History, memory, water: the reclamation of Georgian identity in Irakli Kvirikadze's The Swimmer
Author: Graffy, Julian
Source: Studies in Russian & Soviet Cinema, Volume 1, Number 3, August 2007 , pp. 299-327(29)
Abstract:Irakli Kvirikadze's film The Swimmer, made in 1981, but not released in its full form until 1987, traces the fates of three members of the same Georgian family through sequences set in 1913, 1947 and the film's present. It uses the metaphor of swimming to examine questions of Georgian culture and identity both within its narrow surface timescale and over the whole of Georgian history. This article seeks to examine the ways in which The Swimmer re-asserts Georgian identity in the context of Soviet experience. It looks at the film's allusions to Georgian history from the Kingdom of Colchis, visited by Jason and the Argonauts, through the Greek, Roman, Christian and Ottoman periods, to the late Tsarist era, the Russian Revolution and the Stalin years. The Swimmer is also a film about its own making, and its other central concern is the questions raised by attempts to film the past. Like other films of the period, it examines the way in which art and memory combine to attempt to provide historical understanding.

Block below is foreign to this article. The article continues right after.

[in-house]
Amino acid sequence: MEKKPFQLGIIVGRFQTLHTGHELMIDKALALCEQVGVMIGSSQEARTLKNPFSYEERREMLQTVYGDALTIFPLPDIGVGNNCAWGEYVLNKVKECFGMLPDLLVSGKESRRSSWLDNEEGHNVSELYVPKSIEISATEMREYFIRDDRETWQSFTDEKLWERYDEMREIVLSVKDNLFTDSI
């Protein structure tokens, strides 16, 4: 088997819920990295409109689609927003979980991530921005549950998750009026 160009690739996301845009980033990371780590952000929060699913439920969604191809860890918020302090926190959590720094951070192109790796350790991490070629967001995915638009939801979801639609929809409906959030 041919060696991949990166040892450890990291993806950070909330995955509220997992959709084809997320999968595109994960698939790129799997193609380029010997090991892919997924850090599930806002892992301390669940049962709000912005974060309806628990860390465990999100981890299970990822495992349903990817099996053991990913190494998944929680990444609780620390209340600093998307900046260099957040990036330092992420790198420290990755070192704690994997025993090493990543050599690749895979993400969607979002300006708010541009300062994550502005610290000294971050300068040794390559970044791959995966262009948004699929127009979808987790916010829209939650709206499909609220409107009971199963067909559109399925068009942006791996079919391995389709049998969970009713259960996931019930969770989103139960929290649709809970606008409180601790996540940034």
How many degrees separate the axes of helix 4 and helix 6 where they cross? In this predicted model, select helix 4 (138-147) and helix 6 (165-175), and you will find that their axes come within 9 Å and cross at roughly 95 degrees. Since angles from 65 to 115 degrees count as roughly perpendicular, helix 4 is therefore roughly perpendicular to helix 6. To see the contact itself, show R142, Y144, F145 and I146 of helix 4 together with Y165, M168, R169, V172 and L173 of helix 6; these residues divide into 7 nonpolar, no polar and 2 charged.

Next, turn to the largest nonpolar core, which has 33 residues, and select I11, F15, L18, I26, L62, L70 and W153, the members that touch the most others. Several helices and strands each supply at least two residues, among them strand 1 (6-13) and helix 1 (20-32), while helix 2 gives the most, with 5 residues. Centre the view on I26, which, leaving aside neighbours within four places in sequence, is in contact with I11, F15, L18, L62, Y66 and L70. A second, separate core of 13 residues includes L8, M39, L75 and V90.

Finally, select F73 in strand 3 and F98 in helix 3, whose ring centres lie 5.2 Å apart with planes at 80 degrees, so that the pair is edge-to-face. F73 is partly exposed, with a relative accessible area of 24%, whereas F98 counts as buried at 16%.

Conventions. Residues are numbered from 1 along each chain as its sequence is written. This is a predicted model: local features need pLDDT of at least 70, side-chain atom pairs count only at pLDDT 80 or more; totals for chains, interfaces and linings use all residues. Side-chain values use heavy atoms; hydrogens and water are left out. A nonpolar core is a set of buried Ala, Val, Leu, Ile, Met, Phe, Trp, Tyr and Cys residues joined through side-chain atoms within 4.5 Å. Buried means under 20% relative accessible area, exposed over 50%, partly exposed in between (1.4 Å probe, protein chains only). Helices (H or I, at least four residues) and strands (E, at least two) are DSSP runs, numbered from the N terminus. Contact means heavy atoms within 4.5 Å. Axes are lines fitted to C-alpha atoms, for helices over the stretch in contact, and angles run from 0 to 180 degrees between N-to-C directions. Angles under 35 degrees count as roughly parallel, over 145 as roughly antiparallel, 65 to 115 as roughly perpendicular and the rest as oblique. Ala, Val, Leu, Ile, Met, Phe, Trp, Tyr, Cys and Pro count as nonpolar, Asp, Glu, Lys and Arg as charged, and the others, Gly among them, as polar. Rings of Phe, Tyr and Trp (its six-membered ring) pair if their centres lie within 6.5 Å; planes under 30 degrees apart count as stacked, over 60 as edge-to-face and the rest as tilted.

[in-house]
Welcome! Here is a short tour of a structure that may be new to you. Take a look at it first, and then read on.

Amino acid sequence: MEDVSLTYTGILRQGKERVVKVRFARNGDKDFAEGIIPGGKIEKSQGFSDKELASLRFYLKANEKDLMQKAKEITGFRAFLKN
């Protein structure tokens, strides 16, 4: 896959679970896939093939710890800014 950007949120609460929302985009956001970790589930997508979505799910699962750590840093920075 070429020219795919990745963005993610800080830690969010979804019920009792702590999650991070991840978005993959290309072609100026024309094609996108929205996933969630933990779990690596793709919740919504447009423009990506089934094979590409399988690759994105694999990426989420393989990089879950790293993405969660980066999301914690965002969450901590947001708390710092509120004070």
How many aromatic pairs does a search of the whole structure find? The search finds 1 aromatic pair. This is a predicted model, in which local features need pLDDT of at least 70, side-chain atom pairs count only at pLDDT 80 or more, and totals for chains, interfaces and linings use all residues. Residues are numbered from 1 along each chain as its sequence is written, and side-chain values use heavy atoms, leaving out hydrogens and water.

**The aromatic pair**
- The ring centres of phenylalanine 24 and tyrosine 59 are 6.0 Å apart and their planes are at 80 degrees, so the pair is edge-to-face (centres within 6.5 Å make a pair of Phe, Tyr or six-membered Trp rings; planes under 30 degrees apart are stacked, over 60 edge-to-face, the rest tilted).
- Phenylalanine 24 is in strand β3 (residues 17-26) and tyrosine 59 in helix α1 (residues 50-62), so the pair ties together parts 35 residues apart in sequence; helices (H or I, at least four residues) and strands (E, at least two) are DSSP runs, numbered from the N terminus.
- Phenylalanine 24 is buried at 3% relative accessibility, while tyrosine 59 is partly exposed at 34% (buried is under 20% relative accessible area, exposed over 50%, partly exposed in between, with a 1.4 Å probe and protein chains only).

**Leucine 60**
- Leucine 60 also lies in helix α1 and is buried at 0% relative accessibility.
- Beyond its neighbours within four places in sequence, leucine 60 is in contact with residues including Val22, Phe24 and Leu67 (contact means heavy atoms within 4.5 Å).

Document Type: Research Article
Affiliations: University College London.
Publication date: 2007-08-31
- Studies in Russian & Soviet Cinema focuses on pre-revolutionary, Soviet and post- Soviet film, its aesthetic development, and its position between ideology and industry. SRSC invites contributions that constitute original research. The journal seeks to promote research from established scholars as well as to encourage researchers new to the field.
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